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  207. I scored 8 definitely true, 2 probably true, 1 not sure, 2 probably not, and 1 definitely not true. What does that mean then? I am 57 years old and have parents that recently brought up our childhood abuse, mostly mine, and say yet again “you deserved everything you got.” I thought I had moved past it but their comments brought it all back as if I never received therapy or counseling. A friend mentioned this test and I am following up on her recommendation. I’m not sure how it might help?

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  208. I scored 10 on Ace and 2 on resilience. I’m 62, live alone, suffer from diabetes, CPTSD, depression, anxiety and feel at my saturation point. I have no money, therefore no help for me. Not even at $60 per session. Can you please advise?

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  211. I scored a 9 for aces and a 5 for resilience what does that mean?
    I have been diagnosed with Lupus and R.A both autoimmune diseases.

    I also suffer from poor blood circulation and am constantly allowing my boyfriend to verbally abuse me and sometimes it gets physical and can be violent. I am 31 just about to hit 32 year old female. I feel that people don’t like me and always think i’m negative when I am just trying to help.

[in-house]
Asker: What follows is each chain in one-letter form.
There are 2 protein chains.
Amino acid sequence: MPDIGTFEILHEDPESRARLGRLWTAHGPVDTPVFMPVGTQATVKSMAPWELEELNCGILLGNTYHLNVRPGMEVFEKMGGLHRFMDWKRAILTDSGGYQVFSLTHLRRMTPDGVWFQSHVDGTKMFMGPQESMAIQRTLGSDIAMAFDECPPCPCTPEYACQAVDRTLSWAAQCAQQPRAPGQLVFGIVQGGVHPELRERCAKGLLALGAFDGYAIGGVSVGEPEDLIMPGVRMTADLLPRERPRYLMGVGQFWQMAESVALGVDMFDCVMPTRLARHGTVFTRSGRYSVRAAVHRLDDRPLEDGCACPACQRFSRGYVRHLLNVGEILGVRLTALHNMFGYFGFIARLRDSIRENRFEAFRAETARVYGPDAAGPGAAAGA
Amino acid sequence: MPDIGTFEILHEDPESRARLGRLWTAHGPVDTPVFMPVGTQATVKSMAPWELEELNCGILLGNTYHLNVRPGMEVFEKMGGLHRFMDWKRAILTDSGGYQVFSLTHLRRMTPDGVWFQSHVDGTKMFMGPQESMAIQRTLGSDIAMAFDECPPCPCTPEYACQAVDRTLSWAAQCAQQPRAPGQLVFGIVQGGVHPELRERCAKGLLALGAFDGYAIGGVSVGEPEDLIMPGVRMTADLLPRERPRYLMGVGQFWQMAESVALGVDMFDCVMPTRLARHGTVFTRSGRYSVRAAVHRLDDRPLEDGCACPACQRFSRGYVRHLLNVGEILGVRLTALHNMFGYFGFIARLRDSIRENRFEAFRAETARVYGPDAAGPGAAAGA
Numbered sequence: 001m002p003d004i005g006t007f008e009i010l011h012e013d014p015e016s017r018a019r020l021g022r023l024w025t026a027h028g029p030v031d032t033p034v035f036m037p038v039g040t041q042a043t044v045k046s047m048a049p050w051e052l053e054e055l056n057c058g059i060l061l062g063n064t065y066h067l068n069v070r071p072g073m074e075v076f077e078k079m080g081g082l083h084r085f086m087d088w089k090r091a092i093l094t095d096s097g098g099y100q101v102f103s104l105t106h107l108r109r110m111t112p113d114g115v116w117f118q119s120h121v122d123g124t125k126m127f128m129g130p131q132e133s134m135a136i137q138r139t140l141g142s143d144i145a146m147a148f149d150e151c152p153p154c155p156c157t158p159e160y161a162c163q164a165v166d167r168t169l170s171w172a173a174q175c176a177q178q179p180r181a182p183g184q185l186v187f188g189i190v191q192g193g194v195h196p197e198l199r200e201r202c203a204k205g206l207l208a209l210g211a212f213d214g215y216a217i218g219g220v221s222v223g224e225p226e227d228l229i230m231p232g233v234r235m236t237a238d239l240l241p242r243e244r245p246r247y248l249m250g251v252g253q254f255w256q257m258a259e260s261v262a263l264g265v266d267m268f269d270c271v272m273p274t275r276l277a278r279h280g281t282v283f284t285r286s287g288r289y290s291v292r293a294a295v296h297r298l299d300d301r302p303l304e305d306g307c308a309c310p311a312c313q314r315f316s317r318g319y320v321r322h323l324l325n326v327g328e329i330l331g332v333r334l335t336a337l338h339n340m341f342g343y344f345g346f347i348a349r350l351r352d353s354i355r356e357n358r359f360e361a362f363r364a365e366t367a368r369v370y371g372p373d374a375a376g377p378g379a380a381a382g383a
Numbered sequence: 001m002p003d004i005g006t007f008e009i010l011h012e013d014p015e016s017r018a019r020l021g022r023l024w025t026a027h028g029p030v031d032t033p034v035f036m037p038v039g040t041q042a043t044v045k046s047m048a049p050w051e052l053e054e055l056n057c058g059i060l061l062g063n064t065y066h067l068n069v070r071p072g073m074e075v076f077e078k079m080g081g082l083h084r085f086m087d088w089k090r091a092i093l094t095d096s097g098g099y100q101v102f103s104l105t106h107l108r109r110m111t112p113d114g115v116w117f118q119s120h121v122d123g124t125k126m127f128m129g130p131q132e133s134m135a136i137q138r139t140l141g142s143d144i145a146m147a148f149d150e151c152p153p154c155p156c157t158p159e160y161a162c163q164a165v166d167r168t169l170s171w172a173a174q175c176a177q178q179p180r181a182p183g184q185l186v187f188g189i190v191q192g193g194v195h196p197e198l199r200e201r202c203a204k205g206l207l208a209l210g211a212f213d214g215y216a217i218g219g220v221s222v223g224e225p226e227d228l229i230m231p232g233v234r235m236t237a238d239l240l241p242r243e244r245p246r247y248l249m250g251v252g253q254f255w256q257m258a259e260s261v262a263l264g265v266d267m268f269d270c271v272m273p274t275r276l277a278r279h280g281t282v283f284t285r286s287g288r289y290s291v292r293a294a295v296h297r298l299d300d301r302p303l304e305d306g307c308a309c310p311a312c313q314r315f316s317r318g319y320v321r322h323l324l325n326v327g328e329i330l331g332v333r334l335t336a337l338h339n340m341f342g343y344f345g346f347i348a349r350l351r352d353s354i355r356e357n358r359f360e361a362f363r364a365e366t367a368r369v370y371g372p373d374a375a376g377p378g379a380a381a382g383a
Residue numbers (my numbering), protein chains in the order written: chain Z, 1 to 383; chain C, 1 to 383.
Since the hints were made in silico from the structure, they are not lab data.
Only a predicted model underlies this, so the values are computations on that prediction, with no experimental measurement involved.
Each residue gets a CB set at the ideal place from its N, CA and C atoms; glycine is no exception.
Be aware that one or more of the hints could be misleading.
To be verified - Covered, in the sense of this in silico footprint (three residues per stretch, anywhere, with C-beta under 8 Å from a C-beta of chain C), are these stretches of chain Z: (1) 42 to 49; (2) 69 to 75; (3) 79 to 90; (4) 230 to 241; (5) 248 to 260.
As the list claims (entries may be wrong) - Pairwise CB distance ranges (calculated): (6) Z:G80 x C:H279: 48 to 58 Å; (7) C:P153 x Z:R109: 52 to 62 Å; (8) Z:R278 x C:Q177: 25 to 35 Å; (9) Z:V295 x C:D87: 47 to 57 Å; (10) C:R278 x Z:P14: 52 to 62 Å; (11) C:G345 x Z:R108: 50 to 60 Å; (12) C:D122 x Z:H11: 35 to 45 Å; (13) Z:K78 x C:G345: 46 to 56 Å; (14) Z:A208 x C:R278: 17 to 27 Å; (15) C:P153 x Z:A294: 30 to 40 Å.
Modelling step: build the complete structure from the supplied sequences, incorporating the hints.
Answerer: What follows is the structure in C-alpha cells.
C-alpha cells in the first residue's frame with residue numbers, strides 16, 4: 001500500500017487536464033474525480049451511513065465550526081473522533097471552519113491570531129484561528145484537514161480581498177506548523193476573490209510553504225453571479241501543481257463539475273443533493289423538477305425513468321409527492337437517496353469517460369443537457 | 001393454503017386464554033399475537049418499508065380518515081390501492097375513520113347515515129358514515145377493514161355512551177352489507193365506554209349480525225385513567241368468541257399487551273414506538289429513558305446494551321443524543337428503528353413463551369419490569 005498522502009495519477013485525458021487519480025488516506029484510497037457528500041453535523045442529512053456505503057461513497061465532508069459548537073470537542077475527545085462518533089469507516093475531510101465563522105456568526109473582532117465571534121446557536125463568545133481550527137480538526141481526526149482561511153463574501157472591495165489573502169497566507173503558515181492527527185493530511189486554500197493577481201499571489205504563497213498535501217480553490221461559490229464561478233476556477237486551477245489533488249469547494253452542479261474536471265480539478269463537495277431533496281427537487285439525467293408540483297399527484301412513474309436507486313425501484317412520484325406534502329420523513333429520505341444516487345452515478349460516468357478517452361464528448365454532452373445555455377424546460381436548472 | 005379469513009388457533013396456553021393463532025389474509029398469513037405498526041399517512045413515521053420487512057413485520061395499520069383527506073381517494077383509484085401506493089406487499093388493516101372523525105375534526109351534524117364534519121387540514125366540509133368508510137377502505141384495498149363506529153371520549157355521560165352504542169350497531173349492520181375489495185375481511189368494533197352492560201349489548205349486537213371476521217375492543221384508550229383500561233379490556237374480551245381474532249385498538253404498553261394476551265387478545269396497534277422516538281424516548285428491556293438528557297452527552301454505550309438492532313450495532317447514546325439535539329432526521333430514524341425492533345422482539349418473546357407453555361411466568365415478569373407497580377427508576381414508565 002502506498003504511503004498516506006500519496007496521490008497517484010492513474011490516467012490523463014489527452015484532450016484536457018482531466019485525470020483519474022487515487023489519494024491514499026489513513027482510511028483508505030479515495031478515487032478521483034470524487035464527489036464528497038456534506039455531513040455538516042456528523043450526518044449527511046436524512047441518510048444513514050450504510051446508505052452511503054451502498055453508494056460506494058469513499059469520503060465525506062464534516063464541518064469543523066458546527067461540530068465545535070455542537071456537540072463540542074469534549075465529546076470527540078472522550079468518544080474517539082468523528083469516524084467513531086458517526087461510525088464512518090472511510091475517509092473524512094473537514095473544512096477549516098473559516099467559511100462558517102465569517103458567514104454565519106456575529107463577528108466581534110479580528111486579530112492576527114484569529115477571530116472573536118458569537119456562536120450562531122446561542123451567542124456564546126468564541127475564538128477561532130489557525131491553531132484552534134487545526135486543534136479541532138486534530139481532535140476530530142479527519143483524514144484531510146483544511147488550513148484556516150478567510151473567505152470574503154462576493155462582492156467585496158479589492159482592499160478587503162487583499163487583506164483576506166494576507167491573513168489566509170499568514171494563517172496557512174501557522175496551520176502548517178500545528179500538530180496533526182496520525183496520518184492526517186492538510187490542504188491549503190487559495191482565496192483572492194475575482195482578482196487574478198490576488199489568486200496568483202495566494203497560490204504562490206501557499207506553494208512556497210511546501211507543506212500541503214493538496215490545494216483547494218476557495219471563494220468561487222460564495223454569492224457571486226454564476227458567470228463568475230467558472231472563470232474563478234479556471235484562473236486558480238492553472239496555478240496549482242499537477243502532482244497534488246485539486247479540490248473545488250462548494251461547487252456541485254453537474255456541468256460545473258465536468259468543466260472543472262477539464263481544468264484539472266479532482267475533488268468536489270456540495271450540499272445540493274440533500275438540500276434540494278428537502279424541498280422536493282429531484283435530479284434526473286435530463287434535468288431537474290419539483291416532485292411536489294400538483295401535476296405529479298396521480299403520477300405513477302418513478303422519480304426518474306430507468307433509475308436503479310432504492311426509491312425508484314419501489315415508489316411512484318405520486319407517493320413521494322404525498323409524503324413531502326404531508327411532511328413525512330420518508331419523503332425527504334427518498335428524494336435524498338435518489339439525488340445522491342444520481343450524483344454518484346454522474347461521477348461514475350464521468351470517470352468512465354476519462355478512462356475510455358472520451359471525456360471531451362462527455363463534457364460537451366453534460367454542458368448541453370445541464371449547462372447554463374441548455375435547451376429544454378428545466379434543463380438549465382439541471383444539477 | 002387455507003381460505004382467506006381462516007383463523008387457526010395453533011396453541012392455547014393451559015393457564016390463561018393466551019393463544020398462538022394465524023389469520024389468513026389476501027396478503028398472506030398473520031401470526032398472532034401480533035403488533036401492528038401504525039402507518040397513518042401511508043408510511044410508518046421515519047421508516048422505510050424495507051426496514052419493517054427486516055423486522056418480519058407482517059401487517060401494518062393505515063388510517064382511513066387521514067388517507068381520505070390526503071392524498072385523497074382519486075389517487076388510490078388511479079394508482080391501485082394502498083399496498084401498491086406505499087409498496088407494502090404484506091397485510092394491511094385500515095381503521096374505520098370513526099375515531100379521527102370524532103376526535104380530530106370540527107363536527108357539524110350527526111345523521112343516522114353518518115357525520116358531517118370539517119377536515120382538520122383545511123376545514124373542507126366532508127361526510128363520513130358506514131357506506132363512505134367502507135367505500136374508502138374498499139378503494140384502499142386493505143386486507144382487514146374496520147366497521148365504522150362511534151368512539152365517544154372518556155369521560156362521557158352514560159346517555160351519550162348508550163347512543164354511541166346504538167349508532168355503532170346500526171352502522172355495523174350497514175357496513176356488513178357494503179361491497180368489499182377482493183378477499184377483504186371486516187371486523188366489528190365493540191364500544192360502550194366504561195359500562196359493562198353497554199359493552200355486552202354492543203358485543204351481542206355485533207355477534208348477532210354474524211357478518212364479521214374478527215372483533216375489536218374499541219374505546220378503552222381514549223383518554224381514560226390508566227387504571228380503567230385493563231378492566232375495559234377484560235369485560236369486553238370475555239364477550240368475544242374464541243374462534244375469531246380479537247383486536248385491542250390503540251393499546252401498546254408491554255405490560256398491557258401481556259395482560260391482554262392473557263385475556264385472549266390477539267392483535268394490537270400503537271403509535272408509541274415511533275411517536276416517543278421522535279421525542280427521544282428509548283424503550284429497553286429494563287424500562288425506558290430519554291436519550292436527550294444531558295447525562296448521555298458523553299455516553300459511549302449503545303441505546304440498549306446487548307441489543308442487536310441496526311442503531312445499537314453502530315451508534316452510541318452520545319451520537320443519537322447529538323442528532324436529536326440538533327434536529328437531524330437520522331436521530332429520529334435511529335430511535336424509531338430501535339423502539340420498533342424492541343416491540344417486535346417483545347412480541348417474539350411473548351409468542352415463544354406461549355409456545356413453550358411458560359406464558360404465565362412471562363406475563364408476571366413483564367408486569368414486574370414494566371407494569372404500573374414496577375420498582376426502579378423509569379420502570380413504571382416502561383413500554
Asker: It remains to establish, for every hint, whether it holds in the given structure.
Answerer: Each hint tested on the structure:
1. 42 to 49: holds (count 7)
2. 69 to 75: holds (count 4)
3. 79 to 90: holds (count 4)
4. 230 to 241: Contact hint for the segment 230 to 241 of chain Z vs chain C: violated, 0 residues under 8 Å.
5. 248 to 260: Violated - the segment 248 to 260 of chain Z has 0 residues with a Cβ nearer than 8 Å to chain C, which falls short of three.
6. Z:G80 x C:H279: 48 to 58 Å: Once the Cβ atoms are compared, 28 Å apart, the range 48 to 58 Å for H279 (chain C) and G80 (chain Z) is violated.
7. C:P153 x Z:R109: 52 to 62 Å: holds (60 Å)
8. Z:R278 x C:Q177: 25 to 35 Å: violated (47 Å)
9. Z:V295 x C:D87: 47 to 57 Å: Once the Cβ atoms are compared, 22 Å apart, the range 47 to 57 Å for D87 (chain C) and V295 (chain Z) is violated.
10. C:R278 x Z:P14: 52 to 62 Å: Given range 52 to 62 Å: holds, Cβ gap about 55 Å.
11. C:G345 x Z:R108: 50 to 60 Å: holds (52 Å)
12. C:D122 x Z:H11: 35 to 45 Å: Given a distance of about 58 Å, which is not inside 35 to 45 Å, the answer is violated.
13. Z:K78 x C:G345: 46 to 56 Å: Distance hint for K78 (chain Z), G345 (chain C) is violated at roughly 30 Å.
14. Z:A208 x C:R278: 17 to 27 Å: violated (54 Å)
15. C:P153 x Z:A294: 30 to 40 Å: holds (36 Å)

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  216. A lot of these testimonies sounded very familiar… some are very sad and some make me reel with anger for how helpless I was feeling. and some are so painful…..I found myself crying..

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  217. Scored an 8 on the ACE. Currently a first year medical student. Father is incapacitated and barely functional, mother is dead or incarcerated. I have a happy marriage of six years, two glowing youngsters, and zero substance use. I’ve earned leadership roles at every job I worked at and earned 4.0’s in undergrad and graduate school while working full time. While I understand that this isn’t everyone’s story, neither is succumbing to the negative, terrible, unbelievable events in your life. Everyone who scored on this exam is stronger than they know, more powerful than they believe, and is capable of becoming what they want to be. I’m going into medicine to help people like myself be the best they can be with their given circumstances. I believe we can be okay.